In a paper titled “Central Clearing: Trends and Current Issues,” Bank for International Settlements (“BIS”) officials identified increased systemic risks due to central clearing. Head of Policy Analysis Dietrich Domanski, Research Adviser Leonardo Gambacorta and Secretariat of the Committee on Payments and Market Infrastructures Cristina Picillo discussed the implications of central clearing for the financial system under normal and stressed conditions.
The paper identified potential risks regarding central clearing that included the following:
(i) Whether central counterparties (“CCPs”) “might spread losses in the case of defaults, or intensify deleveraging pressures in ways that add to systemic stress.”
(ii) Financial regulators do not really understand the interaction between CCPs and the rest of the financial system.
(iii) Risks relating to the function of a CCP, including risks that stem from the management of its activities (general business and operational risks).
(iv) The risk that a participant is unable to meet its trading obligations. This may give rise to liquidity risk if the CCP has to advance payments that a participant cannot make, and to counterparty credit risk if the participant is unable to cover losses on its positions because of its default.
(v) Larger CCPs have a relatively small number of clearing members, and fewer still that offer clearing to their clients.
(vi) A conflict of interests may arise when banks own CCPs and when they do not. The report finds that when clearing banks do not own the CCPs, the main objective for a non-user-owned CCP is to maximize profits and increase participation.
(vii) Economies of scale create incentives for concentration and favor larger CCPs; at the end of 2014, two CCPs accounted for nearly 60% of the total volume of cleared transactions.
(viii) Because of fixed CCP participation costs, many small banks or financial intermediaries with limited activity in centrally cleared markets choose indirect access to comply with clearing obligations.
(ix) As long as the negative shocks are sufficiently small, a more densely connected financial network enhances financial stability. Once losses exceed a CCP’s prefunded resources, the same features that make a financial system more resilient may become sources of instability. As a consequence, financial networks may be “robust-yet-fragile.”
(x) When a large number of clearing participants – potentially including the providers of liquidity lines – become liquidity-constrained, domino effects may be triggered. The activation of a CCP’s unfunded liquidity arrangements or other recovery instruments may impose financial strains on clearing participants. The result of the strain is unexpected liquidity demands that could impose stress on other clearing members and, in extreme cases, trigger a cascade of defaults (emphasis supplied).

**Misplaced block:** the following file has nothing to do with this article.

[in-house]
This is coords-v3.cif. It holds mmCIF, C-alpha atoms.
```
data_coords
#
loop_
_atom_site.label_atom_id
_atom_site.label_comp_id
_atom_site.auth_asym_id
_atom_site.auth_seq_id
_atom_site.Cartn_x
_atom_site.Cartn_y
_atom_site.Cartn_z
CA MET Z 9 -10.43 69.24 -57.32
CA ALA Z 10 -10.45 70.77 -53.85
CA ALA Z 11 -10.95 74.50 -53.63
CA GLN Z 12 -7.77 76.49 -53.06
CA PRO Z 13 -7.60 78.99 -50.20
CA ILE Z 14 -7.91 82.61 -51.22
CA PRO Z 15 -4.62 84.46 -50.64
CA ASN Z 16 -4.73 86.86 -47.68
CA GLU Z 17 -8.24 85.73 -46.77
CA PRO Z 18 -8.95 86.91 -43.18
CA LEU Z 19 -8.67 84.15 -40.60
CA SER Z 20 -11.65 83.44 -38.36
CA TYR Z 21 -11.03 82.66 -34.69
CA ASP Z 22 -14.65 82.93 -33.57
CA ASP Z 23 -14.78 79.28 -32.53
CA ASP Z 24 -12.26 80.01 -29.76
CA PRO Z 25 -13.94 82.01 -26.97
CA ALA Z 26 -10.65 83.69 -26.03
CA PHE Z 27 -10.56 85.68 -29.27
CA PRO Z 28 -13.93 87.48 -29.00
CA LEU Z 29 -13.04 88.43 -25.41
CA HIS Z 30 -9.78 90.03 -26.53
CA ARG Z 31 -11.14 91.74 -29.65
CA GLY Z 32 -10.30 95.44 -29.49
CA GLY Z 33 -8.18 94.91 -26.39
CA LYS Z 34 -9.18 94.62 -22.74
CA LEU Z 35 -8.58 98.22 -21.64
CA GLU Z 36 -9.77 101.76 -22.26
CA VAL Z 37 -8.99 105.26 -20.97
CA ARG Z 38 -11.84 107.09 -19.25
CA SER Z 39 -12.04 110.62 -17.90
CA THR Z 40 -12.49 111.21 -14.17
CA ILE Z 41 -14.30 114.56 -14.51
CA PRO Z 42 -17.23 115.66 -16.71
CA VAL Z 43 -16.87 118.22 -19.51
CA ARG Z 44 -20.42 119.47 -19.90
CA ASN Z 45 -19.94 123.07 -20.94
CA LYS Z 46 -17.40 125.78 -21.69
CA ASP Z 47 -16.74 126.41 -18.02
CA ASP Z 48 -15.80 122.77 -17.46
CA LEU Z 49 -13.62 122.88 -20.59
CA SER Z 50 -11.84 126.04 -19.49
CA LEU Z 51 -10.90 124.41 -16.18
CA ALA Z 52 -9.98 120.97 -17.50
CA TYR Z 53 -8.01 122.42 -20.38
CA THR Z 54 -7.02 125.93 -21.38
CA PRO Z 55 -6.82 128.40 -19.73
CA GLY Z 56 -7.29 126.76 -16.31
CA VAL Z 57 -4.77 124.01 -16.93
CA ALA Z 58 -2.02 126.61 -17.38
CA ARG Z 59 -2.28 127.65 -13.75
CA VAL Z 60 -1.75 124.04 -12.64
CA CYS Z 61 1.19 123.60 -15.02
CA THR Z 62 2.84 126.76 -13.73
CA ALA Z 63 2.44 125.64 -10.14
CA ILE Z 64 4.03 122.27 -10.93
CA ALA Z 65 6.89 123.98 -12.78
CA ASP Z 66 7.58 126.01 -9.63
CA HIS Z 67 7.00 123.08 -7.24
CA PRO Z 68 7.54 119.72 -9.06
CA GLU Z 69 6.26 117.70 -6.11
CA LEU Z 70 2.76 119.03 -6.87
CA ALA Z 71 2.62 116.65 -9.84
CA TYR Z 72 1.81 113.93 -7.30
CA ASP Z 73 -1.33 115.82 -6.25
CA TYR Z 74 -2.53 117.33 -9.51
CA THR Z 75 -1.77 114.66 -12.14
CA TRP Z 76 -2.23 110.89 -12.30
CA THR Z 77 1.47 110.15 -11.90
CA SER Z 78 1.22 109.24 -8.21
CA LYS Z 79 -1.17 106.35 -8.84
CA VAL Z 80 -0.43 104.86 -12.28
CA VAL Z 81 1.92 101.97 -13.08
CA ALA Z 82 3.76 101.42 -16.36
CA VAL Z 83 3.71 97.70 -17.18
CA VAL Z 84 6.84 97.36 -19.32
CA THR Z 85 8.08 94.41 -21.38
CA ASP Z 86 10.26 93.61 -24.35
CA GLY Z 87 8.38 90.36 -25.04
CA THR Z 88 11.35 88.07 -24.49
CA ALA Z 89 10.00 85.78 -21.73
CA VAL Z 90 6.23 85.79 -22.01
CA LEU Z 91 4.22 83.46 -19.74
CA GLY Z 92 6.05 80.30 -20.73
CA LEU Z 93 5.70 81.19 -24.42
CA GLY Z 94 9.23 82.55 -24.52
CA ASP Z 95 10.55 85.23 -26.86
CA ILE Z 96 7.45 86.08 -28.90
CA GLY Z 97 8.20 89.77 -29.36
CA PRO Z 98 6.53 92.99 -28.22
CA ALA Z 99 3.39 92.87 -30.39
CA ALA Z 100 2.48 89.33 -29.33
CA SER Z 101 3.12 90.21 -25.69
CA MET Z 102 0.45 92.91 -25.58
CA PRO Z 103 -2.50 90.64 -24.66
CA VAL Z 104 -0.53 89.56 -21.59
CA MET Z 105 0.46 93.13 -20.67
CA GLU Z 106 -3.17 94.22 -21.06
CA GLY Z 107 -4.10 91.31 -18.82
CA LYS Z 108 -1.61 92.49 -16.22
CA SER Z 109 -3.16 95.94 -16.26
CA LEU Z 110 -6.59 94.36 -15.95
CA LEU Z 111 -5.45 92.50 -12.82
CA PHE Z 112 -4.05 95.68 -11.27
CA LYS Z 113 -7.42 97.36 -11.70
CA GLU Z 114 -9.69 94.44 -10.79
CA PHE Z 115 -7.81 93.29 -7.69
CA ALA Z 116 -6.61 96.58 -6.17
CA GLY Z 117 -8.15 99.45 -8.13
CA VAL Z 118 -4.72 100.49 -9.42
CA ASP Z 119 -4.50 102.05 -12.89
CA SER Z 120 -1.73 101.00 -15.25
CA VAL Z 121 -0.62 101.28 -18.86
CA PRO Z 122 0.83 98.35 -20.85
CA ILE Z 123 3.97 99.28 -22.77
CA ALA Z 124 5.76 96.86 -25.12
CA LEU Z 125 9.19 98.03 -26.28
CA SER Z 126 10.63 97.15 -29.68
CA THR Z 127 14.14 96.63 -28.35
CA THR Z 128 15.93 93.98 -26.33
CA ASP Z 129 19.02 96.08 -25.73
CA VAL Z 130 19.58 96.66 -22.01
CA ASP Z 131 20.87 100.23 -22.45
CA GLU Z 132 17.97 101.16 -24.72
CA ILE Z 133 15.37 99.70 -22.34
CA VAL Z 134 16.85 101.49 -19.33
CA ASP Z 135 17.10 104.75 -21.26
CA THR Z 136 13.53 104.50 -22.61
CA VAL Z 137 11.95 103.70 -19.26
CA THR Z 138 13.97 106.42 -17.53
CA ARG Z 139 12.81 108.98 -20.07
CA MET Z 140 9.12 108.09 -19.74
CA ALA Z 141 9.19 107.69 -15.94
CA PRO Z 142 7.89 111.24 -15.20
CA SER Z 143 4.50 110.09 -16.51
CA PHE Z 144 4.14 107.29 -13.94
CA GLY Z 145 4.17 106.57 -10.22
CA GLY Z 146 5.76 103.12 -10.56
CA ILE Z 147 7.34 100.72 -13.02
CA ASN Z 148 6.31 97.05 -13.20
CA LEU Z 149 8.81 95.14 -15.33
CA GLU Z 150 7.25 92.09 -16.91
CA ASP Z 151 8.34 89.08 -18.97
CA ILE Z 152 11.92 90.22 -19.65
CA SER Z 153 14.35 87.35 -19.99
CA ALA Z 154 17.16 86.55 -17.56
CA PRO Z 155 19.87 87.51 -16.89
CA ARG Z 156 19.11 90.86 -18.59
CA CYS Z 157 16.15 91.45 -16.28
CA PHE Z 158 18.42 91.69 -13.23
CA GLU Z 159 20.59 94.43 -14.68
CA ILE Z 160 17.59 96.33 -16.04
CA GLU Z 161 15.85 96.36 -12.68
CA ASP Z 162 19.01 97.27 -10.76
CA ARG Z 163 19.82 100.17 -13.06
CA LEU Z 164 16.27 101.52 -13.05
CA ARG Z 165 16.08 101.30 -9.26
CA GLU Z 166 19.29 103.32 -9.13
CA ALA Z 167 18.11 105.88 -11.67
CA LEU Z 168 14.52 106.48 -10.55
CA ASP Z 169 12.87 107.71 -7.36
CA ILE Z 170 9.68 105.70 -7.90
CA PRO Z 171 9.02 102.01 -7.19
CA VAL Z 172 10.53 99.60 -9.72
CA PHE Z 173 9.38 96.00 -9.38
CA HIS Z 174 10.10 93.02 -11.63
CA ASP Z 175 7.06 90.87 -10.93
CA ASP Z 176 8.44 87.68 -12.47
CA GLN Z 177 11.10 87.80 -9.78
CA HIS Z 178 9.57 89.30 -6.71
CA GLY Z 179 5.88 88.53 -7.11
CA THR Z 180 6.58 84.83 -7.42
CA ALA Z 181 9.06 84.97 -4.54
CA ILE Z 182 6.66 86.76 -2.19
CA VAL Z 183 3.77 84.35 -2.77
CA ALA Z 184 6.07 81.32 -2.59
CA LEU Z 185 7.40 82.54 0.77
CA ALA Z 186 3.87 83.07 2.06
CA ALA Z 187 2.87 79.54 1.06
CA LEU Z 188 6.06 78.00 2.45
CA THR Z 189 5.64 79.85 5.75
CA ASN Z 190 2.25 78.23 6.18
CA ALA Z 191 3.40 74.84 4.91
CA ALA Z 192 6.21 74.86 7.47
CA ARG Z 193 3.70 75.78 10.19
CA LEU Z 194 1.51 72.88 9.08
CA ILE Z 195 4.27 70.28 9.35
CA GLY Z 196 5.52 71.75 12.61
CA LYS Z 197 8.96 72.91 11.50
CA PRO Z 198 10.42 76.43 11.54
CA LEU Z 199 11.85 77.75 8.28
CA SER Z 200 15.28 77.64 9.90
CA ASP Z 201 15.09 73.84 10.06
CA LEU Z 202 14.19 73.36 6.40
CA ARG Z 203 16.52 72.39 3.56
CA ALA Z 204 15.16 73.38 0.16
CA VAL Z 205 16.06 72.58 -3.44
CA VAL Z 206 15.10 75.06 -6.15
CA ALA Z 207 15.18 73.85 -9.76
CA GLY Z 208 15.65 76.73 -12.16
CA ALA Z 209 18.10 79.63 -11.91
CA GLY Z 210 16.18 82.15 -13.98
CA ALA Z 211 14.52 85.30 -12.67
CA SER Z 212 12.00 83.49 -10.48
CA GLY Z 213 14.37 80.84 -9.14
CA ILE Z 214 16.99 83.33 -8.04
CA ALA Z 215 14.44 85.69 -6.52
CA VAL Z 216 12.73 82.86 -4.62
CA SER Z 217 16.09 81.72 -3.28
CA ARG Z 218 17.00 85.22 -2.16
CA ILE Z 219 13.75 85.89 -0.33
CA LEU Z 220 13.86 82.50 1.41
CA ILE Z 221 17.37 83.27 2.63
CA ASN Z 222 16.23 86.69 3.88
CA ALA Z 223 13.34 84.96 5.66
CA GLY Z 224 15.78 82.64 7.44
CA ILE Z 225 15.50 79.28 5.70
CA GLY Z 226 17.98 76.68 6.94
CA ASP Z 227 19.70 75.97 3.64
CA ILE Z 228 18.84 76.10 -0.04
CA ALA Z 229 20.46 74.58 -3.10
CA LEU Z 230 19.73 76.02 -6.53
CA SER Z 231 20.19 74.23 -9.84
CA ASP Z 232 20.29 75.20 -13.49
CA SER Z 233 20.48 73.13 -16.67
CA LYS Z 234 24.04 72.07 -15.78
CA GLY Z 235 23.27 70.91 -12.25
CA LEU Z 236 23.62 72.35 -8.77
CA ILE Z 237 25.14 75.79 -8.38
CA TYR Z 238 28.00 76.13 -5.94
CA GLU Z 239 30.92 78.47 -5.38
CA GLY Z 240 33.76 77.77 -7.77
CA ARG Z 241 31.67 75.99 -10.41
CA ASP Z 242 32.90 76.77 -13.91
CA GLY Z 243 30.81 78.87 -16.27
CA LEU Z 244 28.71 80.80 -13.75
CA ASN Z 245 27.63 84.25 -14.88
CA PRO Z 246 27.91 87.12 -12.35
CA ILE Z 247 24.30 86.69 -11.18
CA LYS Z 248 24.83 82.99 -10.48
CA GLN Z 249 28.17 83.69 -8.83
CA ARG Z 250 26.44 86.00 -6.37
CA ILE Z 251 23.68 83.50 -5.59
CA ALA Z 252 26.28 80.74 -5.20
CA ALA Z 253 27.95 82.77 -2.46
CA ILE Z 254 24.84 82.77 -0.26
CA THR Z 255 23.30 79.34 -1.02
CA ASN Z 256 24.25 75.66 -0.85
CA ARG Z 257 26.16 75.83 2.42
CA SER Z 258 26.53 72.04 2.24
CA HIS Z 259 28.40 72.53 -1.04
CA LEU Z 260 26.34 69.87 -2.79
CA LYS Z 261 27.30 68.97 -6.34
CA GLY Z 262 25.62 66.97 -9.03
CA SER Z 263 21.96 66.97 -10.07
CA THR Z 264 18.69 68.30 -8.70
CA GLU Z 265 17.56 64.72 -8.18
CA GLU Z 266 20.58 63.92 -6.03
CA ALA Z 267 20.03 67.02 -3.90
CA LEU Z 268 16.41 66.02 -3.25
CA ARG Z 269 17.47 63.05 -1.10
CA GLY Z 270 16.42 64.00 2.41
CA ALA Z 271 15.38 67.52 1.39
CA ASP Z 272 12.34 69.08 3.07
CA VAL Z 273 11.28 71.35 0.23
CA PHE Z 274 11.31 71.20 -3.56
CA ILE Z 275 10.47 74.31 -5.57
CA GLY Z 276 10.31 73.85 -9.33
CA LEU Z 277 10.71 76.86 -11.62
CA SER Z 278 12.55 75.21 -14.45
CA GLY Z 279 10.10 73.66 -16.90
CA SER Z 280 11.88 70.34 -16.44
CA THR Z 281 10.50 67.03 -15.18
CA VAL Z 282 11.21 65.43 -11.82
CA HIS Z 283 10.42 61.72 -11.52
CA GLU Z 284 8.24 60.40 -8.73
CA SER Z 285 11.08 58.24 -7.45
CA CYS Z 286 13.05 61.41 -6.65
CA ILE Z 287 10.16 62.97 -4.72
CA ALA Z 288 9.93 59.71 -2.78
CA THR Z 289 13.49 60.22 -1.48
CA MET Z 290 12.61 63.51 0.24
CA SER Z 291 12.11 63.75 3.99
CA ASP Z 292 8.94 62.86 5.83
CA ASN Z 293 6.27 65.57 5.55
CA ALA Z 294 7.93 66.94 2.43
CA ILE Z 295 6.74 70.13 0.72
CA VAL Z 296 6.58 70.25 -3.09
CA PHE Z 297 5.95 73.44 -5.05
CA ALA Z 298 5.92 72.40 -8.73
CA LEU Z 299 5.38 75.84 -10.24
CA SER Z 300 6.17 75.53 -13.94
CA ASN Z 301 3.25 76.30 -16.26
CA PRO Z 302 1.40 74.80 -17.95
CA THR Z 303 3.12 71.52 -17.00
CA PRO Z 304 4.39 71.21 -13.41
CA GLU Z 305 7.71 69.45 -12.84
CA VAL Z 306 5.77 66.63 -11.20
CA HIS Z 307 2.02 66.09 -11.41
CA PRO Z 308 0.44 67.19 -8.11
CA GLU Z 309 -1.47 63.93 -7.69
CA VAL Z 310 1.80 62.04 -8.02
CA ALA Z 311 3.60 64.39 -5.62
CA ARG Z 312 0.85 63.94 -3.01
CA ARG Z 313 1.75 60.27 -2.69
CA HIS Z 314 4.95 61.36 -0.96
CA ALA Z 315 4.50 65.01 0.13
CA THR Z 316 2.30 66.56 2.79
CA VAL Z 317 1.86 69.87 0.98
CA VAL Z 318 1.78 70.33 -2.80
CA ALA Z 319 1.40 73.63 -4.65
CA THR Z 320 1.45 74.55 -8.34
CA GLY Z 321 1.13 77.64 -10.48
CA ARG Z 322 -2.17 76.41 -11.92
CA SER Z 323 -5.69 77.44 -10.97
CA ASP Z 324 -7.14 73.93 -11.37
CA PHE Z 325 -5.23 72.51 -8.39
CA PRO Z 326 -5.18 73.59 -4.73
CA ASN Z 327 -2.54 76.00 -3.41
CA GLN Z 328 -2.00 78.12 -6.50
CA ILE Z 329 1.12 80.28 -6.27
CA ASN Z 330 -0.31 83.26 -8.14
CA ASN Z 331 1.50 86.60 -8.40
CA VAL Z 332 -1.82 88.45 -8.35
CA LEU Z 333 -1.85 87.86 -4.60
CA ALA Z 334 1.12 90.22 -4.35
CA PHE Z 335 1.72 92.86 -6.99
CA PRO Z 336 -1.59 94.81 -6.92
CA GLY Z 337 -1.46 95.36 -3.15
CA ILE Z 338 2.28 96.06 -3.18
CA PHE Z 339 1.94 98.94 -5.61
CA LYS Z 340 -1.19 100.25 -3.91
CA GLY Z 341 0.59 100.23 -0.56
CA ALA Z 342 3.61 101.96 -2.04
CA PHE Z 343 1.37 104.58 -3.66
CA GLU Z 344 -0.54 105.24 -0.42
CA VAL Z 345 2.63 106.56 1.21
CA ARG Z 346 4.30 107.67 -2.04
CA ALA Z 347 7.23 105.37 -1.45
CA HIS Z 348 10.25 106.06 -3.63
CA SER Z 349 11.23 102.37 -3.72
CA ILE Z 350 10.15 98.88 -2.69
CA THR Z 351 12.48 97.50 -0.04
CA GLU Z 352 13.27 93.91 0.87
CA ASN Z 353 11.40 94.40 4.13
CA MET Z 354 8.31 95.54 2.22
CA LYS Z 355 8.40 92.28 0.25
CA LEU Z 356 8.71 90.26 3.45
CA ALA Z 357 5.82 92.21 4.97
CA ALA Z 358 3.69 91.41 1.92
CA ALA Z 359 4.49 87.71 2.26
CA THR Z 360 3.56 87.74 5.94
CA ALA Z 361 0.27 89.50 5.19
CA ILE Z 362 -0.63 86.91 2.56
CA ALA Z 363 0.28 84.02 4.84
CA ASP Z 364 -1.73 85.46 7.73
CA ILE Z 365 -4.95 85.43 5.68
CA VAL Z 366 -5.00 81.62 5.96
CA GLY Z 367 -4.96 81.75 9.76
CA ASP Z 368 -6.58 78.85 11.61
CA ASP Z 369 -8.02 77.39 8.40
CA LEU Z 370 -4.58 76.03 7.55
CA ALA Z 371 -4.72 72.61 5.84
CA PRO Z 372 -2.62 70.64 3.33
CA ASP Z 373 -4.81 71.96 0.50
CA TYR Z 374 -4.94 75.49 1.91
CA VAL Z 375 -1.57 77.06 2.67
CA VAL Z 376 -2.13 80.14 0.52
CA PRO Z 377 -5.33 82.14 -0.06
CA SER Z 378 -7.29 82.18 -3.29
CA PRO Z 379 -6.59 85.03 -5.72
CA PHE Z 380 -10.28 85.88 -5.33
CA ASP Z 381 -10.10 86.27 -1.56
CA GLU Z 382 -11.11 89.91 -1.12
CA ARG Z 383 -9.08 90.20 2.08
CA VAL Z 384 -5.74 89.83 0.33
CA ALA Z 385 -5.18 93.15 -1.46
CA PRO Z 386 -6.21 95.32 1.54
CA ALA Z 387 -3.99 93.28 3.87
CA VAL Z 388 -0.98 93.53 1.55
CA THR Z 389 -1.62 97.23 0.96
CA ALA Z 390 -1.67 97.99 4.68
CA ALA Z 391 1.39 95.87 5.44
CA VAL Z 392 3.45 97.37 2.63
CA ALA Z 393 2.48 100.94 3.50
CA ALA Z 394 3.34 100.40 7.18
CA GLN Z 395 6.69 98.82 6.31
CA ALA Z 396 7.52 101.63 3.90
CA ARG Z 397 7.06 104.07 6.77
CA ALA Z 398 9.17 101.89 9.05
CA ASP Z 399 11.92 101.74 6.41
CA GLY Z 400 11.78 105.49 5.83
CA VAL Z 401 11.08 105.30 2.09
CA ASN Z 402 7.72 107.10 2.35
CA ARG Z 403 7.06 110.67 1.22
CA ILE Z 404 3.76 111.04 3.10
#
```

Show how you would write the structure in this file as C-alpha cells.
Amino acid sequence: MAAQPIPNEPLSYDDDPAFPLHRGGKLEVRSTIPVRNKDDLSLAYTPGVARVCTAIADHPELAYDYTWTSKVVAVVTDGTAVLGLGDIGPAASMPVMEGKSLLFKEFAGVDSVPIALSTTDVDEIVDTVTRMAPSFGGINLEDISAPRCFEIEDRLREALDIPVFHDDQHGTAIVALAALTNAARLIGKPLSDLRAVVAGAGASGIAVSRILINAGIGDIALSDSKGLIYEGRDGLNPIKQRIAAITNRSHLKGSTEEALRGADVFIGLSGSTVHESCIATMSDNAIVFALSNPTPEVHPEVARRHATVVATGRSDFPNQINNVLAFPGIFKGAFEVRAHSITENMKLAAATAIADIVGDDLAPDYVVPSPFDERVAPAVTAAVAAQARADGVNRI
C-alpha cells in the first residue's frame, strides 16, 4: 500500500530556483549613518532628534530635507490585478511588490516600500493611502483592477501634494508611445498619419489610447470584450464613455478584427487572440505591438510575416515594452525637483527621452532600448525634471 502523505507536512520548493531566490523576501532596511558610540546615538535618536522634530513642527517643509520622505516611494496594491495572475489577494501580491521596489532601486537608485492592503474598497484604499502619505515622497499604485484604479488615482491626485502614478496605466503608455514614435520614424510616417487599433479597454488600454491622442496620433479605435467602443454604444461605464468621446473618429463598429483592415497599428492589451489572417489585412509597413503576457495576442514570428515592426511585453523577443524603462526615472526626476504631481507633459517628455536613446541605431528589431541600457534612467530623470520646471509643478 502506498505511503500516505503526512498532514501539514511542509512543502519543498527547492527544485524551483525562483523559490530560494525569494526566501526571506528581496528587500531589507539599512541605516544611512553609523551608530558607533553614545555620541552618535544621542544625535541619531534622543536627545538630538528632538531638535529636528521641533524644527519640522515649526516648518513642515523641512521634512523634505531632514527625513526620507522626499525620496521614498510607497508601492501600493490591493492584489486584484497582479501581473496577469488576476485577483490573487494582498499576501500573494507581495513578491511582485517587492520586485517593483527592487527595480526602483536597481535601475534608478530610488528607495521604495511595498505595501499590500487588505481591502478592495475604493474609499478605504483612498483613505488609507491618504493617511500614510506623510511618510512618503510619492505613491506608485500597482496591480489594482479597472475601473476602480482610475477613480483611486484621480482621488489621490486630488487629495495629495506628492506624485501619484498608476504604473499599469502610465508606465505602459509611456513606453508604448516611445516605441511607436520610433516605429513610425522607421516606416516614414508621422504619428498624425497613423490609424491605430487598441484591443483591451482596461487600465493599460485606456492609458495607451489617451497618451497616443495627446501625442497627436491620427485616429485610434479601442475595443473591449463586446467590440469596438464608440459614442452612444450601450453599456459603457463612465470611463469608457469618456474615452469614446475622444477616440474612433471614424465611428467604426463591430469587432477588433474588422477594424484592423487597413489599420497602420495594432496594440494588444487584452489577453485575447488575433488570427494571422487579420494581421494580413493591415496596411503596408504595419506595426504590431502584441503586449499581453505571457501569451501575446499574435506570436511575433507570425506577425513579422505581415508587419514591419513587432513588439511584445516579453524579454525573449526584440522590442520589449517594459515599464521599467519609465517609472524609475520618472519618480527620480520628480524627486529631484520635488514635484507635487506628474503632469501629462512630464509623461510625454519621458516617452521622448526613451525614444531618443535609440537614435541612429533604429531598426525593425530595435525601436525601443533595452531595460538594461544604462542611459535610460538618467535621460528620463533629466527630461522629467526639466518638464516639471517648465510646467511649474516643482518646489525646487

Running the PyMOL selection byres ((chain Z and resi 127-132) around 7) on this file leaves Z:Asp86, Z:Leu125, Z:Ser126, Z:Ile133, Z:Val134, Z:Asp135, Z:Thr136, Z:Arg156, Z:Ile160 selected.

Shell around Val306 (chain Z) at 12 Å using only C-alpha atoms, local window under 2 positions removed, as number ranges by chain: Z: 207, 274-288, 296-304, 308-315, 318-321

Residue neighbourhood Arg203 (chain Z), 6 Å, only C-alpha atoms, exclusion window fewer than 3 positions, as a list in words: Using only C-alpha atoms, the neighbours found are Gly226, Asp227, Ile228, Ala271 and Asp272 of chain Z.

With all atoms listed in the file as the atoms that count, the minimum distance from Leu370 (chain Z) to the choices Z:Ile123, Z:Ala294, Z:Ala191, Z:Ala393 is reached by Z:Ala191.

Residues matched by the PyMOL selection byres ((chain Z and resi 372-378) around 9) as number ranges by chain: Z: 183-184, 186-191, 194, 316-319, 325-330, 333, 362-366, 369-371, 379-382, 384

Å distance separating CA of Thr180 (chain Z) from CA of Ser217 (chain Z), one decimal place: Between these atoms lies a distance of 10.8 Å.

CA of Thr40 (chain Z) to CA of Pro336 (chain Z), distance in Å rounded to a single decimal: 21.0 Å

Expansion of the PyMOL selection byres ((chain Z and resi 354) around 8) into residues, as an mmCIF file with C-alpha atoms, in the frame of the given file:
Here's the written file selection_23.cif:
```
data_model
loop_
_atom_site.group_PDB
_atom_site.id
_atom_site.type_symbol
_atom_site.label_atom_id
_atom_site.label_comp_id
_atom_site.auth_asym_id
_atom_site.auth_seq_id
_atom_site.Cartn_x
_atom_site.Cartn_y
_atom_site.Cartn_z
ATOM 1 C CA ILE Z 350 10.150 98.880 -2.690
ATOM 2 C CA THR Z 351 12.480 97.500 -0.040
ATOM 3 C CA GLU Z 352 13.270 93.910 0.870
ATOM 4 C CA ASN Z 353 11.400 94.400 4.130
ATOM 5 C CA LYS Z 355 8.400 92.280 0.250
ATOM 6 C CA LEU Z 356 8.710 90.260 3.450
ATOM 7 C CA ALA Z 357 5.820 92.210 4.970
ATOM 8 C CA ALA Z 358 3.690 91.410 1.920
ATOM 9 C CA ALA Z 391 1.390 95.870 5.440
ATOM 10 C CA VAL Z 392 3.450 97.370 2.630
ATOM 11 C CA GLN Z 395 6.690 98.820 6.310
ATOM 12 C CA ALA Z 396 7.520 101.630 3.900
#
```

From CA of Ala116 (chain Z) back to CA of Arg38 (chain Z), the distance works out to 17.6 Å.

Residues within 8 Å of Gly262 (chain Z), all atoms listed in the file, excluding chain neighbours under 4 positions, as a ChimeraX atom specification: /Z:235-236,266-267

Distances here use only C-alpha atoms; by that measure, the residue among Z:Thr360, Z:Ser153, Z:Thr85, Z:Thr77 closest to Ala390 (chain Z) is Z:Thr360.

(xi) Such a failure could have system-wide effects. Clearing participants might find it difficult to manage positions if a CCP fails, and all clearing participants would have to find alternative ways of closing trades at a time when there might be heightened uncertainty about the value of the underlying exposures and the associated market and counterparty risk.
(xii) Given the overlapping memberships of many CCPs, liquidity problems at one CCP may well coincide with similar issues at others, propagating systemic risk.
(xiii) On the other hand, an unexpected tightening of CCP risk management still could lead to liquidity pressures on participants that might ultimately trigger fire sales and a self-reinforcing deleveraging.
(xiv) In difficult times, a request for additional resources from a CCP could put pressure on participant banks and indirectly affect the rest of the system.
(xv) A large decline in the market value of collateral – particularly if accompanied by high volatility in collateral markets – would reduce the value of initial margins posted to the CCP (also in a non-linear fashion) and trigger requests to members to replenish this value. This could force members to deleverage and lead potentially to fire sales at the precise moment when the rest of the system is under stress. The risk of such liquidity strains and deleveraging could be anticipated by the market, triggering “runs” on participants who were perceived as vulnerable and stoking expectations that became self-fulfilling.
Lofchie Comment: After discussing the risks of central clearing for approximately seventy-five pages, the paper concludes with a passage that begins with these words: “The shift to central clearing has started to mitigate the risks that emerged in non-centrally cleared markets before and during the Great Financial Crisis.”
Unfortunately, this conclusion has nothing to do with the rest of the paper. The authors make another statement that is more to the point, though it figures less prominently: “It is possible that CCPs can buffer the system against relatively small shocks, at the risk of potentially amplifying larger ones.”
In other words, CCPs may be of some use in situations where they are not needed at all, but in situations where they are truly needed, CCPs risk making things much worse.
People who are interested in the subject of this report also may be interested in the writings of the “Streetwise Professor,” a/k/a Craig Pirrong. Professor Pirrong has been discussing the risks of central clearing for at least five years.